This week on the Friday News Roundup: Former Mecklenburg County Manager Harry Jones loses his battle with cancer. Charlotte immigrants are nervous in the face of ICE arrests. Governor Cooper strikes out with his HB2 compromise. Mike Collins and area journalists discuss those stories and more.
Archives for February 2017
CHARLOTTE, N.C. — The HKonJ protest this past weekend in Raleigh, North Carolina, may have been the largest such event, but it wasn’t the first time that thousands, with causes as diverse as the citizen-marchers themselves, showed up. For 11 years, with messages for both Republicans and Democrats, the faithful gathering at Historic Thousands on Jones Street have persisted.
There is a lesson for the dissatisfied, new to activism, who are now crowding town halls and filling the streets: Victories may never come, or may be incremental, at best. Each goal accomplished could be followed by a setback.
Are the protesters of 2017 in it for the long haul?
CHARLOTTE, NC– Michael Flynn is out as National Security Adviser in the Trump administration. Investigation reveals that a number of other top Trump aides also had constant contact with Russia during the campaign. What was the motive behind the conversations? What are the next steps for the Trump administration? WCCB Political Contributor Mary C. Curtis is weighs in.
For a party and an administration that ran on being tough guys, afraid of nothing and no one, and disdainful of “PC culture,” whatever that’s supposed to mean, Republicans are, like President Donald Trump, proving to be poster boys (and, yes, the crew is testosterone-heavy) for the perpetually offended, perfect pictures of bullies who crumble when one of their targets dares talk back. – See more at: http://www.rollcall.com/news/opinion/gop-seeks-safe-space-words-coretta-scott-king#sthash.JZ7IqwAt.dpuf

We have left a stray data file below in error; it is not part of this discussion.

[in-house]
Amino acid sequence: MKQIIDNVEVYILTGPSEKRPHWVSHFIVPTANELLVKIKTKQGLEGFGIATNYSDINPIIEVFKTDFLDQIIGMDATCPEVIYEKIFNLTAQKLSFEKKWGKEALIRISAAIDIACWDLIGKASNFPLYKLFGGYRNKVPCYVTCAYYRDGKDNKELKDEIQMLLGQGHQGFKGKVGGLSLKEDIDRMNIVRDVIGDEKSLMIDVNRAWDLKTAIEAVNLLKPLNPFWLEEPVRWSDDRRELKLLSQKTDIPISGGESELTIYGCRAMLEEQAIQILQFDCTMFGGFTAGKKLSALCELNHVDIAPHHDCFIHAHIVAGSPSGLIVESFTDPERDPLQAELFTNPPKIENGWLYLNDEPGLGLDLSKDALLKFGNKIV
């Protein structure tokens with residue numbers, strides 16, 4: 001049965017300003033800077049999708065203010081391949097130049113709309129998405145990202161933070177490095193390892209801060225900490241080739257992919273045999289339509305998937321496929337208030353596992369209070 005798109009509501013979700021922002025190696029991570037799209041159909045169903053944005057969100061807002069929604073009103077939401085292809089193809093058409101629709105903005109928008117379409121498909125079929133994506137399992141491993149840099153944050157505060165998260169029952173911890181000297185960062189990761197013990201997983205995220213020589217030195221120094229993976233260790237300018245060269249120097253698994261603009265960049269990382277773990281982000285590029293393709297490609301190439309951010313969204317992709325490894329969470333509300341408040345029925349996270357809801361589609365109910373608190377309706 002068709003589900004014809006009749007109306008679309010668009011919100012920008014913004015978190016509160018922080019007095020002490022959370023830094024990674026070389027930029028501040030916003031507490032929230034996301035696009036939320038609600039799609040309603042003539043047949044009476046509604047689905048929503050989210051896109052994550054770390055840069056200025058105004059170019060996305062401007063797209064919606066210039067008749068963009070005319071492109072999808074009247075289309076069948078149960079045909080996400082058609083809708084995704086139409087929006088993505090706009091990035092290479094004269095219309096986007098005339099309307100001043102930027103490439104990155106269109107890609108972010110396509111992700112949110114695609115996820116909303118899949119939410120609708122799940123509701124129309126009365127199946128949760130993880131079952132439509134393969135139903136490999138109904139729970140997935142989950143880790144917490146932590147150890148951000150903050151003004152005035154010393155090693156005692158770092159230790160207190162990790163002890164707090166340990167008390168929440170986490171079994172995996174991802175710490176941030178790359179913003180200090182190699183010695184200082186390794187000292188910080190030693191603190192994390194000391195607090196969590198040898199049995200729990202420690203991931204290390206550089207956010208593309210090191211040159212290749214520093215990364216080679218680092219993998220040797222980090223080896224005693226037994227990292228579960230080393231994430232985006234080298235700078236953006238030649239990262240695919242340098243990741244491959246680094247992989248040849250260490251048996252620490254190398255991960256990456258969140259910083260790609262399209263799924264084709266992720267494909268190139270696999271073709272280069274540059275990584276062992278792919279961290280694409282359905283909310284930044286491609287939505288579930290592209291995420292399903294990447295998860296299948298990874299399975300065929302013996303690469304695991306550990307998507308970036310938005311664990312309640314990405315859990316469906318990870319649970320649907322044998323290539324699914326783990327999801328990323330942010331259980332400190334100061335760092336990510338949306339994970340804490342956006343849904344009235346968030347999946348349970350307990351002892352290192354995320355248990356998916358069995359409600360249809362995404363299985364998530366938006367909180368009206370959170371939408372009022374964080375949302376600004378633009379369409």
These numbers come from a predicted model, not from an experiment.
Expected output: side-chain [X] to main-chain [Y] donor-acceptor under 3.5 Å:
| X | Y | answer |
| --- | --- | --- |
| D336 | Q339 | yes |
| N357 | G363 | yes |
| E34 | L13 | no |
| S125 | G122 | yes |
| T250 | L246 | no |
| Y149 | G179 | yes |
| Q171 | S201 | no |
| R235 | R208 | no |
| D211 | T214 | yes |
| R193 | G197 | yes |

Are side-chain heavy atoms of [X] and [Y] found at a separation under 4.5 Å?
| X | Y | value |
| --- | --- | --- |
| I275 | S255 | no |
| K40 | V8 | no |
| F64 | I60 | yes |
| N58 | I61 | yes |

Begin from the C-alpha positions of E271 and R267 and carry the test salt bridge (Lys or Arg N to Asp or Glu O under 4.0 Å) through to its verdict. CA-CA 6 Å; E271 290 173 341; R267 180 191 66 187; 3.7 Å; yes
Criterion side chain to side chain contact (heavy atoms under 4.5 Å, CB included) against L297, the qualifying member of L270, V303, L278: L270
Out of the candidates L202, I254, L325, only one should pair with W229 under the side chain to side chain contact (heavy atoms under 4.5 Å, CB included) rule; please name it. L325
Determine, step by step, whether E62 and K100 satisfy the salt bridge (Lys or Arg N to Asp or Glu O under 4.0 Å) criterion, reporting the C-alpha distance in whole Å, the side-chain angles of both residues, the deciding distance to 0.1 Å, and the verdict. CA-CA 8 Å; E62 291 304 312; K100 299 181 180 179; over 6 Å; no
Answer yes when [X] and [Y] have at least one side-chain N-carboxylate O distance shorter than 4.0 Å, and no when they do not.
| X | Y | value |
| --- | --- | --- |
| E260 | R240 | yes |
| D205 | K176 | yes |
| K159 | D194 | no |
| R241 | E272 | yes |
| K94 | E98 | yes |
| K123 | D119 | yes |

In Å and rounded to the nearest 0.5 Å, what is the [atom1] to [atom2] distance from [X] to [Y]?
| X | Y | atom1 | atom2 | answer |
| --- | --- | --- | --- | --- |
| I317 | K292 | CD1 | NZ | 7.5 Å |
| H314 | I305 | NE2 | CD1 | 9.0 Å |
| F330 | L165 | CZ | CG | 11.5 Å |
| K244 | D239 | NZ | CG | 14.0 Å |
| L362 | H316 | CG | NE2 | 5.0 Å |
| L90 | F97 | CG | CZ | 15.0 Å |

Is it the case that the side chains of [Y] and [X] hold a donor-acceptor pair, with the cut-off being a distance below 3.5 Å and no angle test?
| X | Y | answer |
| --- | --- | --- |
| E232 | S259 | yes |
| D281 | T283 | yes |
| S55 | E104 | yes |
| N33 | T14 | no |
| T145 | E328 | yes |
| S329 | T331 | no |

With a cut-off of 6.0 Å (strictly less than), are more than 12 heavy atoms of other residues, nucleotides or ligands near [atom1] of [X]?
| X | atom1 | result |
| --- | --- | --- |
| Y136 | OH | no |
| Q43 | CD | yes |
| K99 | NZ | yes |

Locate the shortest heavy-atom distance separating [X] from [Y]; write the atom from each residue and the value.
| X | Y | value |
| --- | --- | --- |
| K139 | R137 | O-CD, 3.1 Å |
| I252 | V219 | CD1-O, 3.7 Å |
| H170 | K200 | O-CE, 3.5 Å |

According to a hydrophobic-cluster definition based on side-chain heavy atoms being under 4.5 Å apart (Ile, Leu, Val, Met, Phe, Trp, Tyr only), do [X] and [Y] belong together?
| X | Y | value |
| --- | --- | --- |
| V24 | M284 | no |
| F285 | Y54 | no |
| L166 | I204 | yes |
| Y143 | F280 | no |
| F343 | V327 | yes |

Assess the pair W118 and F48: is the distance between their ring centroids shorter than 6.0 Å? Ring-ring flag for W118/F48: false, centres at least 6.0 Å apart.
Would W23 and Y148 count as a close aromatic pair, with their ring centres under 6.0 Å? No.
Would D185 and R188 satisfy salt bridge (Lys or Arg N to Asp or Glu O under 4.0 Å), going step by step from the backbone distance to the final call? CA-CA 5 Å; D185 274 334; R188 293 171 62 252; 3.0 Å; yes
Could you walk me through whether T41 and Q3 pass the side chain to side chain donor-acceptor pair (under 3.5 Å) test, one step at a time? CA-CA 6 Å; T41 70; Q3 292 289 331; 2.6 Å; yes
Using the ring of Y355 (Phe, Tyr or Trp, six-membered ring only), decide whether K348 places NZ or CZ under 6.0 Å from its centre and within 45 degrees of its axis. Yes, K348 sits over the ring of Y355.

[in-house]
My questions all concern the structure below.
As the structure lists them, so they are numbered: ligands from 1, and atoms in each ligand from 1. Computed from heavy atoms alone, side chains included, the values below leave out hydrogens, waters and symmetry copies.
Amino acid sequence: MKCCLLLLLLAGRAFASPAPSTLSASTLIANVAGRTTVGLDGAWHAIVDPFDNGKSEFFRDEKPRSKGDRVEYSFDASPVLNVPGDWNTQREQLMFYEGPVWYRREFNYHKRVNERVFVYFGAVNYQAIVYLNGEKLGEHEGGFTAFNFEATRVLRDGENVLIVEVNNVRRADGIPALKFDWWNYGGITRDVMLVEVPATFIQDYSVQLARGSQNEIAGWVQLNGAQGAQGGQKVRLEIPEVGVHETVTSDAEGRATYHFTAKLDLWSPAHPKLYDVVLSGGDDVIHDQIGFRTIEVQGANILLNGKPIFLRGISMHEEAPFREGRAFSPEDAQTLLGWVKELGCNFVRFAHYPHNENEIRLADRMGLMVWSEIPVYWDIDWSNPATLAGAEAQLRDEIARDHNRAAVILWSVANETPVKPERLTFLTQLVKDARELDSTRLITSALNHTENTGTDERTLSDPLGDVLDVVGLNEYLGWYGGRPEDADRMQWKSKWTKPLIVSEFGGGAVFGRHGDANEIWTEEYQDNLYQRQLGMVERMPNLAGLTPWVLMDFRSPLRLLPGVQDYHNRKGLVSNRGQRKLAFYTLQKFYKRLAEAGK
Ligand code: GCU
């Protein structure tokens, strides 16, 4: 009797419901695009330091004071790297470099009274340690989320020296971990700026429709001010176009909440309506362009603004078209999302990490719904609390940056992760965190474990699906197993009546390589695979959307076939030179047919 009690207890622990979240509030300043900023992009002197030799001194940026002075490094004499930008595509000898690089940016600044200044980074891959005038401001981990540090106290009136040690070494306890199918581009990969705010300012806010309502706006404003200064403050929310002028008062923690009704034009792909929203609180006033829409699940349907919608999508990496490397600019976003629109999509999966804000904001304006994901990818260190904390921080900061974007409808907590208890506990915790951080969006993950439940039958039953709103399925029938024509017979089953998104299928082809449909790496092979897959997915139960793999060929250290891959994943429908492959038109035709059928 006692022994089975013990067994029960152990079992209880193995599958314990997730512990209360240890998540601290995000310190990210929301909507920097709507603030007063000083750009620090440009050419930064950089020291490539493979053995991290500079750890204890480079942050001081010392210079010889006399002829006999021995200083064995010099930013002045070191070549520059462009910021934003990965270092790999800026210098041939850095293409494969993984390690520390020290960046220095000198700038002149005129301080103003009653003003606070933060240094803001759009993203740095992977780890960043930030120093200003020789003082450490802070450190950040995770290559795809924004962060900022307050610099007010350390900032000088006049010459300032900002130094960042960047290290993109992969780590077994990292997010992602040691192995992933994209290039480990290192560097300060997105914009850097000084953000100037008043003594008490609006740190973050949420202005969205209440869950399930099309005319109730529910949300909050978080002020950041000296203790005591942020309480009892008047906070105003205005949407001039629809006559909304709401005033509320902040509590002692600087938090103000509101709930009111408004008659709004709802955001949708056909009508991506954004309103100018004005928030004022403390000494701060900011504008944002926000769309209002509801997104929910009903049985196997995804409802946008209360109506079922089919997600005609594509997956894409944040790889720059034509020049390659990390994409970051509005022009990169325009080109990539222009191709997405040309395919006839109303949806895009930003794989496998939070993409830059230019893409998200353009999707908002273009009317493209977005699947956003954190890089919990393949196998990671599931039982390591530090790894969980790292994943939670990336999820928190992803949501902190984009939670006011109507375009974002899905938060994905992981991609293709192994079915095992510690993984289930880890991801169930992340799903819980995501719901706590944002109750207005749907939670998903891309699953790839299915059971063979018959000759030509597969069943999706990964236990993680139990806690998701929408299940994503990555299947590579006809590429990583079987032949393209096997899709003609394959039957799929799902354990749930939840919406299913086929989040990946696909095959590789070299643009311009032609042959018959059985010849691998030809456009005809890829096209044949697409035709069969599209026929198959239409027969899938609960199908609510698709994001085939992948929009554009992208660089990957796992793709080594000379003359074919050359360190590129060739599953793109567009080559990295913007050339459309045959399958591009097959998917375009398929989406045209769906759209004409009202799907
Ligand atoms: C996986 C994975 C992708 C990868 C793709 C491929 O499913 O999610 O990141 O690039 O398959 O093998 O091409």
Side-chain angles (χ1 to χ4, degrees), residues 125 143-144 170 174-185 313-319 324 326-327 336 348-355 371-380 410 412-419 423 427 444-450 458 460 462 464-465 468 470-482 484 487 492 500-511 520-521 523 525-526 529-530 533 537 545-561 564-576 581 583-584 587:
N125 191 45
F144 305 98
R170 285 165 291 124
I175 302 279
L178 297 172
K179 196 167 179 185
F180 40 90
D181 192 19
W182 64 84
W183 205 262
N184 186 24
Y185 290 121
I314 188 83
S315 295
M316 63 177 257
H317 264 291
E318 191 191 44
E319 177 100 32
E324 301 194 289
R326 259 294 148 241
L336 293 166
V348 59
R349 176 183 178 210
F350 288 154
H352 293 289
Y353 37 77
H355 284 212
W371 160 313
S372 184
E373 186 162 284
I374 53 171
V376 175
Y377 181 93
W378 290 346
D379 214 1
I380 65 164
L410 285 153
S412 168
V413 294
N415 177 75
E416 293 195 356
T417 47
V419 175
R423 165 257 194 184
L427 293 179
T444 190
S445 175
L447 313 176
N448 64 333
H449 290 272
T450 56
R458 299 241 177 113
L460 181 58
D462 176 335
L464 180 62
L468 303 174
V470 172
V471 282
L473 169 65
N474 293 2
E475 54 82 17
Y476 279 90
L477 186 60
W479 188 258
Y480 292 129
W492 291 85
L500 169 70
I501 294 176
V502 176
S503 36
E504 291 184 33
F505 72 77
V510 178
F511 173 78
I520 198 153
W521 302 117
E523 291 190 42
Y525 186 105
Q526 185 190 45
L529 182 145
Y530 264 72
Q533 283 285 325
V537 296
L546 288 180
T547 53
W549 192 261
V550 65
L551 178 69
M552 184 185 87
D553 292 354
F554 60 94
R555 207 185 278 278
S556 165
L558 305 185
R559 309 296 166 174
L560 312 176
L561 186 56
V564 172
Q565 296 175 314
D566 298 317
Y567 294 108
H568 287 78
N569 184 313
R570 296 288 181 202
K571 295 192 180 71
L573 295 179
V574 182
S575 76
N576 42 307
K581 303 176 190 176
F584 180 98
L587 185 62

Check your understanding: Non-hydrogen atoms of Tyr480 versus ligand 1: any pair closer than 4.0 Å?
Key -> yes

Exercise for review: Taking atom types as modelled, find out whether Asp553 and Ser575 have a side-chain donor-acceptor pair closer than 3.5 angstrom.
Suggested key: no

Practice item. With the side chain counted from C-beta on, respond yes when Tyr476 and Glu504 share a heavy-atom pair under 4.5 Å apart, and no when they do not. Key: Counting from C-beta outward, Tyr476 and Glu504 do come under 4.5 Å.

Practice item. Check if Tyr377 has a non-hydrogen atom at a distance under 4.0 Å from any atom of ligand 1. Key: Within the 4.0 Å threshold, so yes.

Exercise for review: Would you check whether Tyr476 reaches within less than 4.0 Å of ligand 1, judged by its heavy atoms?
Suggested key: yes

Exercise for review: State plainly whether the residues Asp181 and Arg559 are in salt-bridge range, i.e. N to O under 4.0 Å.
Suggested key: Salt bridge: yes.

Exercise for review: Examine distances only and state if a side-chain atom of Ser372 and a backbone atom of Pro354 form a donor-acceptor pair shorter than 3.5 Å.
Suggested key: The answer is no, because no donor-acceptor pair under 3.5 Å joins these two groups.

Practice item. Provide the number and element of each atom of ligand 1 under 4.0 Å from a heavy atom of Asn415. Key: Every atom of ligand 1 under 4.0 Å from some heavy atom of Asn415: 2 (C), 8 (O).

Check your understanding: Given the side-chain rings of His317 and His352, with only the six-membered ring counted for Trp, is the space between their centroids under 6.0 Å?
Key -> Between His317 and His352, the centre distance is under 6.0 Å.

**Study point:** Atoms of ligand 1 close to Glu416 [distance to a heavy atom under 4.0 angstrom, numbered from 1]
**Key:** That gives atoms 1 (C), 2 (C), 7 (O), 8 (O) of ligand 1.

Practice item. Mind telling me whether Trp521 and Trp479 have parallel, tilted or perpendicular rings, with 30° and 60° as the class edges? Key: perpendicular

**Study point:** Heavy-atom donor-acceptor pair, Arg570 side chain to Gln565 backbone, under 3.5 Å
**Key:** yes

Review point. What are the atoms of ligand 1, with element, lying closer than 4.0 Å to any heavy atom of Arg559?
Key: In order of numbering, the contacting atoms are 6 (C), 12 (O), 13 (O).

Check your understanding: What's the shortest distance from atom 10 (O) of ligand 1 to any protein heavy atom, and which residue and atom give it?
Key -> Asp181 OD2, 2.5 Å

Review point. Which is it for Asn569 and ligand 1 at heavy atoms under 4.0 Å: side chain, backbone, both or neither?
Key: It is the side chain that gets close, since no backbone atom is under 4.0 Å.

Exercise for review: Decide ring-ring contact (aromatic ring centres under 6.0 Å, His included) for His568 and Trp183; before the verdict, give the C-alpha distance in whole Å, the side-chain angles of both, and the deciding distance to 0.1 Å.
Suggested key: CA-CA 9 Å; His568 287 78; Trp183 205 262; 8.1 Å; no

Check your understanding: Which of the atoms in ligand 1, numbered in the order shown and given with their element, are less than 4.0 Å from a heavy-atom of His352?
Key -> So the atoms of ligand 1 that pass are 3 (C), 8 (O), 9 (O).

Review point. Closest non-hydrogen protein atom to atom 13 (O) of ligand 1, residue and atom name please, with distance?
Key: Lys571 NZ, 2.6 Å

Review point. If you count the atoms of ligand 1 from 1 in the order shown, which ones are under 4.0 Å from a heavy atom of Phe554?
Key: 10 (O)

CHARLOTTE, NC — The battle over the I-77 toll lanes project heads back to court today. A three-judge panel will hear Widen I-77’s appeal against the tolls running on 77 from Charlotte to Lake Norman. WCCB Political Contributor Mary C. Curtis weighs in.
When she was younger, Olympic gold-medal swimmer Simone Manuel found inspiration in Venus and Serena Williams. The beaded, braided tennis phenoms were Black and excellent, inspiring children the world over with their total domination of a sport usually seen as reserved for white people.
Fast forward to now. Kids the world over are still finding inspiration in the Williams sisters. And Manuel.
Said the Olympian: “I think it’s pretty cool that someone else can see me and realize, ‘hey, this is something I can try, this is something I can be good at,’ just to not set limitations on some of the goals they may have.”
Every year, when February rolls around, you hear the same questions: Why do we need a Black History Month? When is White History Month? (The answer to that second question is January through December, by the way.)
For the answer to the first, look no further than the movie that just picked up the top award from the Screen Actors Guild. “Hidden Figures” is about the African-American female mathematicians who helped propel the U.S. space program, and who were mostly left out of the history books and previous film accounts of NASA and the talents who made it soar. (John Glenn wouldn’t leave home without their trajectory equations.)
When people of color and women play more than token roles in the telling of this nation’s history, there will no longer be a need to remedy omissions with a designated month here and there.
In 2017, we are far from that moment.
CHARLOTTE, NC — The White House is paving the way for Constitutional Conservative Neil Gorsuch to fill the open spot on the nation’s highest court. Right now, it doesn’t seem like Democrats will put up much of a fight over his Supreme Court nomination. WCCB Political Contributor Mary C. Curtis weighs in.